The paper, bags, ribbon and cards are items I’ve collected over the years, and which I’m constantly collecting. I buy wrapping paper when it’s on clearance after the winter holidays – there are always a few patterns and solid colors that can be used year round. The same goes for ribbon and tissue paper.

    I’m also a big believer in reusing gift bags. They’re expensive for what they are, and it’s rough on the environment to discard them after just one use, or even a few uses. So whenever we receive a gift and the bag is in good shape, it goes into the closet for when I need to give a gift.

    My gift wrap center reduces stress, because I’m never scrambling to find wrapping paper or a gift bag. And it also saves me money, because I never have to over spend on last-minute supplies.

    My favorite necklace: Mommy Tags

    Since the World’s Smallest Letter was such a big hit, I want to share another great gift idea, courtesy of my darling husband again (and I’m afraid that I have no idea where he finds these marvelous things). This is actually a gift I received a few years ago, but now that the boys are getting older – and I don’t have to worry about breakage or injury – I can actually wear it, and I’ve found myself going back to it several times a week: it’s the Mommy Tags necklace pictured here. Marc gave it to me after Alex’s birth, and my necklace now has a second tag commemorating Tyler’s birth as well.

    I love that the necklace is simple and goes with just about anything – that’s the main reason I wear it so often. Also, even though I went a long period without wearing it when the kids were very young, it’s barely tarnished so it’s very easy to care for.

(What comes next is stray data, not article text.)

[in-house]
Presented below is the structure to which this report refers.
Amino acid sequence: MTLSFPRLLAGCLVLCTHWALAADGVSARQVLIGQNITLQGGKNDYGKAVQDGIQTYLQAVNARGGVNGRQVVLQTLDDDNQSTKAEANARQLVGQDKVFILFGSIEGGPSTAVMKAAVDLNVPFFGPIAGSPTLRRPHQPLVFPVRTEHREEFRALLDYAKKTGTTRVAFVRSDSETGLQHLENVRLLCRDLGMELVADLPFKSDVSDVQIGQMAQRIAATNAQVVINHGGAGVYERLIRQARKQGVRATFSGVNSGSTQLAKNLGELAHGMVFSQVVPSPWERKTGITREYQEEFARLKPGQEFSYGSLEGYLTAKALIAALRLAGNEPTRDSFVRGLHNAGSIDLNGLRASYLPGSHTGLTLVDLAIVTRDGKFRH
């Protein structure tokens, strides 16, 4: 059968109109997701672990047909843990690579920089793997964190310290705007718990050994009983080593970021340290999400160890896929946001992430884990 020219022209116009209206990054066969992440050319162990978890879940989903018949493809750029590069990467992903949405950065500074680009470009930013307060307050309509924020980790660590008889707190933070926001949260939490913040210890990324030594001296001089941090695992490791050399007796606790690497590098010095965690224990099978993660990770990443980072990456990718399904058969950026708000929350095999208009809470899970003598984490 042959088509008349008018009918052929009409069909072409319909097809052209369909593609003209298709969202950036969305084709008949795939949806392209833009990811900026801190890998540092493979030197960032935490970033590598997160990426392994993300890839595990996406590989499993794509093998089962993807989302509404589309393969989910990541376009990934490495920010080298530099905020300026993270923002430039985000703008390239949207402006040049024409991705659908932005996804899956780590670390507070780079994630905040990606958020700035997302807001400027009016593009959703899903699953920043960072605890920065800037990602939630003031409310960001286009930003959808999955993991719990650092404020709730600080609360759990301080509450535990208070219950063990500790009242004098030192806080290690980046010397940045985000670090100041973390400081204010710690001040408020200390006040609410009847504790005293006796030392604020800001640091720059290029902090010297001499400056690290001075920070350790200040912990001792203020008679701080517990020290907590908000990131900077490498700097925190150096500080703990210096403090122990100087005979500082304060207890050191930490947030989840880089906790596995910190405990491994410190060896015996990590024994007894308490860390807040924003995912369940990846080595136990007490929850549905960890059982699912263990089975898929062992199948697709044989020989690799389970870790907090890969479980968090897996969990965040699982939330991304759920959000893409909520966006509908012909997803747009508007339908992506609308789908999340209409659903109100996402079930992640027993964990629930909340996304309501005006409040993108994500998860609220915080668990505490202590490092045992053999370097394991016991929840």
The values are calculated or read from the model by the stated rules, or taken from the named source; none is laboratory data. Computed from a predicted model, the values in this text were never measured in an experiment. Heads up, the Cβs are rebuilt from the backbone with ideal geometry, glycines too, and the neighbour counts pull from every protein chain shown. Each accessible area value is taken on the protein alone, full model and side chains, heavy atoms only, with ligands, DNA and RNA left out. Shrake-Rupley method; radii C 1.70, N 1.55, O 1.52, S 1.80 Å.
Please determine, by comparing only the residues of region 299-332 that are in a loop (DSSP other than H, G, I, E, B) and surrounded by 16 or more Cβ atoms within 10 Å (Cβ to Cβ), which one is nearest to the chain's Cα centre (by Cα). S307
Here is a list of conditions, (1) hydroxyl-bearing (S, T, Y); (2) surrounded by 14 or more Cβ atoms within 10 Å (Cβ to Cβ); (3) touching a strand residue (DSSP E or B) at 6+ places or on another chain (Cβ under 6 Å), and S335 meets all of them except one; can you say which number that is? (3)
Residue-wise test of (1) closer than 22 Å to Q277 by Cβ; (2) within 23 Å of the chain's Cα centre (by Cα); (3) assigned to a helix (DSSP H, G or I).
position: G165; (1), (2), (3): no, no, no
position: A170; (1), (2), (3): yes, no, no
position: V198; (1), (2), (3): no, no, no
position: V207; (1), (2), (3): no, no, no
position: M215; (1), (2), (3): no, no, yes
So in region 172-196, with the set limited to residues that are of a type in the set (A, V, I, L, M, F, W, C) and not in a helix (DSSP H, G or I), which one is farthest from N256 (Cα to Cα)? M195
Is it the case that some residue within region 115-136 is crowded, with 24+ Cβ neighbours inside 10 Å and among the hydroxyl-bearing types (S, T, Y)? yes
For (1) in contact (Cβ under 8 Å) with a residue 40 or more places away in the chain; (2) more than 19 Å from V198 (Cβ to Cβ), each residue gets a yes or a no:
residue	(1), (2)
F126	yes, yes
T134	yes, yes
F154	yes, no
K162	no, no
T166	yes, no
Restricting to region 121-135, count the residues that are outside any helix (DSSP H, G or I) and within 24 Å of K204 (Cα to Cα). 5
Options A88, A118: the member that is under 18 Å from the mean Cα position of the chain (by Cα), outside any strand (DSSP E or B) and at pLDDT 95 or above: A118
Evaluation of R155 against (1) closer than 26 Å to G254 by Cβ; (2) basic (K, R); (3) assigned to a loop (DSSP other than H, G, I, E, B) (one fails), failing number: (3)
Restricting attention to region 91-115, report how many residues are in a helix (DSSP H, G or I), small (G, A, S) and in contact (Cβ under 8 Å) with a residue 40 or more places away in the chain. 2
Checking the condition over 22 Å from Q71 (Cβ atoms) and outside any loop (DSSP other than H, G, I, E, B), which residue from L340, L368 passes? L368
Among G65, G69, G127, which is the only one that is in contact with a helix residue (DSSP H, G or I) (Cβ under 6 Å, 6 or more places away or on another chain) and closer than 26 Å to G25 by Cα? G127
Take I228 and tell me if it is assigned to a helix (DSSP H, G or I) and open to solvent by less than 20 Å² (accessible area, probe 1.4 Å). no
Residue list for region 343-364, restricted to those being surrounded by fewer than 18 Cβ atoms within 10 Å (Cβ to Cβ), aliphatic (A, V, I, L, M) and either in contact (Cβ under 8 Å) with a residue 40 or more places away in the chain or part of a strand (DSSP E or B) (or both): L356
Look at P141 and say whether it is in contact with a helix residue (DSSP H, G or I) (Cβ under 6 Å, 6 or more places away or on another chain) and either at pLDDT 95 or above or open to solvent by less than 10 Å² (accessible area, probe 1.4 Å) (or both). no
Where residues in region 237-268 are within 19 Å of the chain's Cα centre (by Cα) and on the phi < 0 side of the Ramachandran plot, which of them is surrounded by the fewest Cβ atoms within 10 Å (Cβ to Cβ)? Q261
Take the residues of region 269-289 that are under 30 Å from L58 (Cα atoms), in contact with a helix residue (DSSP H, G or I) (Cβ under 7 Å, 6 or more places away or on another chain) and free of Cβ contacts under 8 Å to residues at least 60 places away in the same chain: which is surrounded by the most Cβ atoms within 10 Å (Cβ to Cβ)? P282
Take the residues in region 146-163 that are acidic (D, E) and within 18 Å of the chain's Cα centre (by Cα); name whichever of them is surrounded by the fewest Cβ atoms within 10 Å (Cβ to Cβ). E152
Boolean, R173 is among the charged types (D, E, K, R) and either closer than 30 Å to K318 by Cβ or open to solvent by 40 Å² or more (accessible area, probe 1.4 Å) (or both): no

I have to admit, I was very pleased that Marc had picked a very reasonably priced gift for me – these days, it’s easy to find stories about the extravagant “birth gifts” that some new mothers receive. This necklace is $75 – not cheap, but not crazy expensive either. Unfortunately, I can’t tell how much they charge for shipping. This would be especially appropriate for Mother’s Day, or as a gift from the kids to Mom on Valentine’s Day.

    Note: I’m not affiliated with Mommy Tags in any way, I just like my necklace a lot!

    The best gift I received: The World’s Smallest Postal Service

    The best gift I received last month came from Marc, of course: It’s a letter from The World’s Smallest Postal Service. As you can see, it’s literally a tiny letter, with addresses on the envelope and a letter inside. The text of the letter is customized. Marc chose the chorus of a song that’s special to us (say it with me: Awww!).

    The letter comes with a small magnifying glass in a glassine envelope that’s sent out in a larger cardboard envelope. The outer cardboard envelope sat on Marc’s desk for a couple of weeks and I never had a clue what was in it.

    Valentine’s Day isn’t that far off, and I highly recommend The World’s Smallest Postal Office as a sweet romantic gift. In fact, in addition to the Letter option, there are Valentine/Anniversary, Birthday, and Tooth Fairy card options. All are just $8.

    And, if you’re in the Bay Area, you can actually visit the World’s Smallest Post Office in person.